• Extended crank time when the engine is cold
  • Poor fuel economy
  • Spark knock
  • Lack of engine power
  • Erratic and/or high idle
  • Engine cooling fan stays running all the time
  • Engine cooling fan fails to turn on
  • Engine overheating
  • Jun 20, 2010 | 1996 Nissan Sentra

    2 Answers

    It has an overheating problem. I changed the


    SOUND LIKE COOLING FANS NOT RUNNING CHECK AND SEE DOES COOLING FANS TURN ON WHEN ENGINE OVERHEATS IF NOT CHECK COOLING FANS FUSE AND RELAY IF BOTH CHECKS OUT GOOD HOT WIRE COOLING FAN.IF IT WORKS.PROBLEM COULD BE COOLANT TEMPERATURE SENSOR- PCM- AND OPEN OR SHORT IN WIRES.IF COOLING FAN DONT WORK WHEN YOU HOT WIRE IT PROBLEMS THE FAN MOTOR.

    May 27, 2010 | 2001 Chevrolet Malibu

    2 Answers

    Coolant temp sensor


    NO, the sensor is good.

    Apr 25, 2010 | 1997 Ford Taurus

    1 Answer

    2003 Ford Taurus will not rev above 3000 RPM


    you have a rev limiter in neutral. Is that when this happens?

    Engine RPM/Vehicle Speed Limiter The powertrain control module (PCM) will disable some or all of the fuel injectors whenever an engine rpm or vehicle overspeed condition is detected. The purpose of the engine rpm or vehicle speed limiter is to prevent damage to the powertrain. The vehicle will exhibit a rough running engine condition, and the PCM will store a Continuous Memory DTC P1270. Once the driver reduces the excessive speed, the engine will return to the normal operating mode. No repair is required. However, the technician should clear the PCM and inform the customer of the reason for the DTC.
    --------------------------------------------------------------------------------------

    Fail-Safe Cooling Strategy The fail-safe cooling strategy is activated by the PCM only in the event that an overheating condition has been identified. This strategy provides engine temperature control when the cylinder head temperature exceeds certain limits. The cylinder head temperature is measured by the Cylinder Head Temperature (CHT) sensor. For additional information about the CHT sensor, refer to PCM Inputs for a description of the CHT sensor. Note: Not all vehicles equip with a CHT sensor will have the fail-safe cooling strategy.
    A cooling system failure such as low coolant or coolant loss could cause an overheating condition. As a result, damage to major engine components could occur. Along with a CHT sensor, the fail-safe cooling strategy is used to prevent damage by allowing air cooling of the engine. This strategy allows the vehicle to be driven safely for a short time with some loss of performance when a overheat condition exist.
    Engine temperature is controlled by varying and alternating the number of disabled fuel injectors. This allows all cylinders to cool. When the fuel injectors are disabled, their respective cylinders work as air pumps, and this air is used to cool the cylinders. The more fuel injectors that are disabled, the cooler the engine runs, but the engine has less power.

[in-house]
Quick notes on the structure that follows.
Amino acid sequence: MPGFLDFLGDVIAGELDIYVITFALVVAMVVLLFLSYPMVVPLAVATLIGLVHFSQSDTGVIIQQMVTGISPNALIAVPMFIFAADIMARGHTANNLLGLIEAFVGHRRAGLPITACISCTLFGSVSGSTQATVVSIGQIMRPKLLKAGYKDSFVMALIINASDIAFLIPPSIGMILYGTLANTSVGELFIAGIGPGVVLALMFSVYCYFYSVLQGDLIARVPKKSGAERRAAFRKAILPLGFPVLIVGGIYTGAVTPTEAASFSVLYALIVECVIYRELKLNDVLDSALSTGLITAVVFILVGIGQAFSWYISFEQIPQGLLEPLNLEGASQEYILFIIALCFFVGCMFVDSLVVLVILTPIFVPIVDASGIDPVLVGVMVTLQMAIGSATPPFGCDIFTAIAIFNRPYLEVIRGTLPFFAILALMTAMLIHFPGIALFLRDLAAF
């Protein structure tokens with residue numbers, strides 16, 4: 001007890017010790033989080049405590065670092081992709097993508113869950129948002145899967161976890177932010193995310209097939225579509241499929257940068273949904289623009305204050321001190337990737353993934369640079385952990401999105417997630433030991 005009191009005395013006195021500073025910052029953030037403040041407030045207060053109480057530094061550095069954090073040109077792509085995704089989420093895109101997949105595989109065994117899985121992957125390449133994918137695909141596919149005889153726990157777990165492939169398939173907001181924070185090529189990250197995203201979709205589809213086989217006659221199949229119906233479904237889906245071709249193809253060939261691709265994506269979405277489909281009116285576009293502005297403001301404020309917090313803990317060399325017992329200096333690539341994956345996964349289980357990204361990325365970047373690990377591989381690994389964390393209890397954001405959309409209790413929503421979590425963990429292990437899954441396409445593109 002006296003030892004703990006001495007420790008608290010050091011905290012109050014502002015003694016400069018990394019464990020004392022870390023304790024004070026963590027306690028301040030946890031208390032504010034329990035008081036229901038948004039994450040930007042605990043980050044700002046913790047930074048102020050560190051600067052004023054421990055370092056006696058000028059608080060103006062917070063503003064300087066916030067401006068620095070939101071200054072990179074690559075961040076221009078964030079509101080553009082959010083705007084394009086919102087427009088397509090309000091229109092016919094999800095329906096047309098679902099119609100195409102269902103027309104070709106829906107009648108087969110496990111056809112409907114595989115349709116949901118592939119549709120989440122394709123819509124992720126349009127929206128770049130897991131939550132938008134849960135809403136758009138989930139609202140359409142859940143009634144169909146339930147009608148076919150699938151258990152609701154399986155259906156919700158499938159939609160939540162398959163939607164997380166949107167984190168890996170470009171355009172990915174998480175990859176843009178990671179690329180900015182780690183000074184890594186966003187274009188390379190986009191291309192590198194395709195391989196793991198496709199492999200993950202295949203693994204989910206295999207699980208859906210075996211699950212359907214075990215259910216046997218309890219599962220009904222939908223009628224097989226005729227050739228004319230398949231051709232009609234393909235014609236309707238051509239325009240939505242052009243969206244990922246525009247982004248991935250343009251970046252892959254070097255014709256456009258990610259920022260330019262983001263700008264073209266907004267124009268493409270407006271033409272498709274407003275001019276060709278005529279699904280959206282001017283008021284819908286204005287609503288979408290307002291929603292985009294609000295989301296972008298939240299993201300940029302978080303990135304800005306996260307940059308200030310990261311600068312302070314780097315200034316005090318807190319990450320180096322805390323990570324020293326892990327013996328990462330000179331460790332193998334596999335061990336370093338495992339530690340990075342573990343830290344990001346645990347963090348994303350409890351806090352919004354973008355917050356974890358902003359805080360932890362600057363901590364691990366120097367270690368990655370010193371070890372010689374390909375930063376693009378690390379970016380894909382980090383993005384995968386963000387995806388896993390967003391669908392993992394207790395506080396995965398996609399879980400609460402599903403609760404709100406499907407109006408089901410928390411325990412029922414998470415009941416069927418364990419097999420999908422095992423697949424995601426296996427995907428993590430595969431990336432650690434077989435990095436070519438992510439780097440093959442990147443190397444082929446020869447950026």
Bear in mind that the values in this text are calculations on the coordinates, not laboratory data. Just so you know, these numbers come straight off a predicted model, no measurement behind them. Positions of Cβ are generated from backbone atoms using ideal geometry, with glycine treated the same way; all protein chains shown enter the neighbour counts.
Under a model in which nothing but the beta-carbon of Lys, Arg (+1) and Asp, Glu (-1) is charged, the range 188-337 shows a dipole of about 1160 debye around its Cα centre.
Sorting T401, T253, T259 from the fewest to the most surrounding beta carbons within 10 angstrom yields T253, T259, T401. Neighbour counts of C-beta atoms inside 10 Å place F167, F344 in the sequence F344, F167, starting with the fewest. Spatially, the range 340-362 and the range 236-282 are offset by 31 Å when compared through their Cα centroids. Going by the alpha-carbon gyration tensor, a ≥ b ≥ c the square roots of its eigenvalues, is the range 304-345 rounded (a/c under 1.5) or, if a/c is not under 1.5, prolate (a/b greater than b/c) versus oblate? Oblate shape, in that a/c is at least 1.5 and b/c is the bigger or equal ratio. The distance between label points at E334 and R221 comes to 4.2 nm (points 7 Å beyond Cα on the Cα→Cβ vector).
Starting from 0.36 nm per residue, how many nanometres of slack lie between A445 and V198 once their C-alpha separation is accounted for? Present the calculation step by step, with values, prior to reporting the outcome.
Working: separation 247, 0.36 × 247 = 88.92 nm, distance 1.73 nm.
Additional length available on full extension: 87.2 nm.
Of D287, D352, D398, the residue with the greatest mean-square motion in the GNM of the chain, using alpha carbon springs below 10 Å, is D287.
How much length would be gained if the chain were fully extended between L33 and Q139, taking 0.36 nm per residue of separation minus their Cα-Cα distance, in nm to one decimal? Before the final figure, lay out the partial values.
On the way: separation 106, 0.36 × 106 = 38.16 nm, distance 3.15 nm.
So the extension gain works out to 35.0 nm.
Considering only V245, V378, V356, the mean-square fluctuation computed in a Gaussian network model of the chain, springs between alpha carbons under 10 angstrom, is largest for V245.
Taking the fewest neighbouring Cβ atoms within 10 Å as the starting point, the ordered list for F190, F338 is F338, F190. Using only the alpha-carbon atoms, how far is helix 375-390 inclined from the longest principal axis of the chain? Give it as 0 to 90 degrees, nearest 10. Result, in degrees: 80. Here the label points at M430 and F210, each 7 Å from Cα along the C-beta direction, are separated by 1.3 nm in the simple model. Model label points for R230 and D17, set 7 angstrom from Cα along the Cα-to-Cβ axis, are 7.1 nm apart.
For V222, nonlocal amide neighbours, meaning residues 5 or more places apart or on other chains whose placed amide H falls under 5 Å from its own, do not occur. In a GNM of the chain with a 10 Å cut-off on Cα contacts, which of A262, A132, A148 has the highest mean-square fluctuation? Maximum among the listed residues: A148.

Note: A wide open throttle (WOT) delay is incorporated if the CHT temperature is exceeded during WOT operation. At WOT, the injectors will function for a limited amount of time allowing the customer to complete a passing maneuver.
    Before injectors are disabled, the fail-safe cooling strategy alerts the customer to a cooling system problem by moving the instrument cluster temperature gauge to the hot zone and a PCM DTC P1285 is set. Depending on the vehicle, other indicators, such as an audible chime or warning lamp, can be used to alert the customer of fail-safe cooling. If overheating continues, the strategy begins to disable the fuel injectors, a DTC P1299 is stored in the PCM memory, and a malfunction indicator light (MIL) (either CHECK ENGINE or SERVICE ENGINE SOON), comes on. If the overheating condition continues and a critical temperature is reached, all fuel injectors are turned off and the engine is disabled.

    Mar 15, 2009 | 2003 Ford Taurus

    2 Answers

    95 grand am radiator fan only runs with AC on


    Cooling Fan Temp Sensor is the First thing You Check (with what you have described) Cooling Fan Should ALways come On When The A/C is turned On as A/C Adds A Load to Engine, If Temp Sensor is Faulty it Will Not Give GROUND Signal to ECM >For COOLING FAN >RELAY to Give ground and turn ON The Fan.
    There ARE 2 temp Sensors that Serve Different Purposes 1 is for Dash READING GAGE & Or TEMP LIGHT the Other is For ECM or Fan Relay (SAME Thing) you Said>""can disconnect the sensor and fan continues to run" < This Leads me to think you Changed the Wrong One. Not Questioning your Skills Just Here to Help.
    TEMP SENSOR FOR 3.1L V6 is Located upper RH rear of engine compartment, near exhaust system. Temp SENSOR for 2.3L Engine is Located in LH rear of engine compartment.
    I Hope this Helps Lead you to a NON-OVERHEATING Pontiac.
    Good Luck and Have A Great Evening. rejakwilson

    Feb 04, 2009 | 1995 Pontiac Grand Am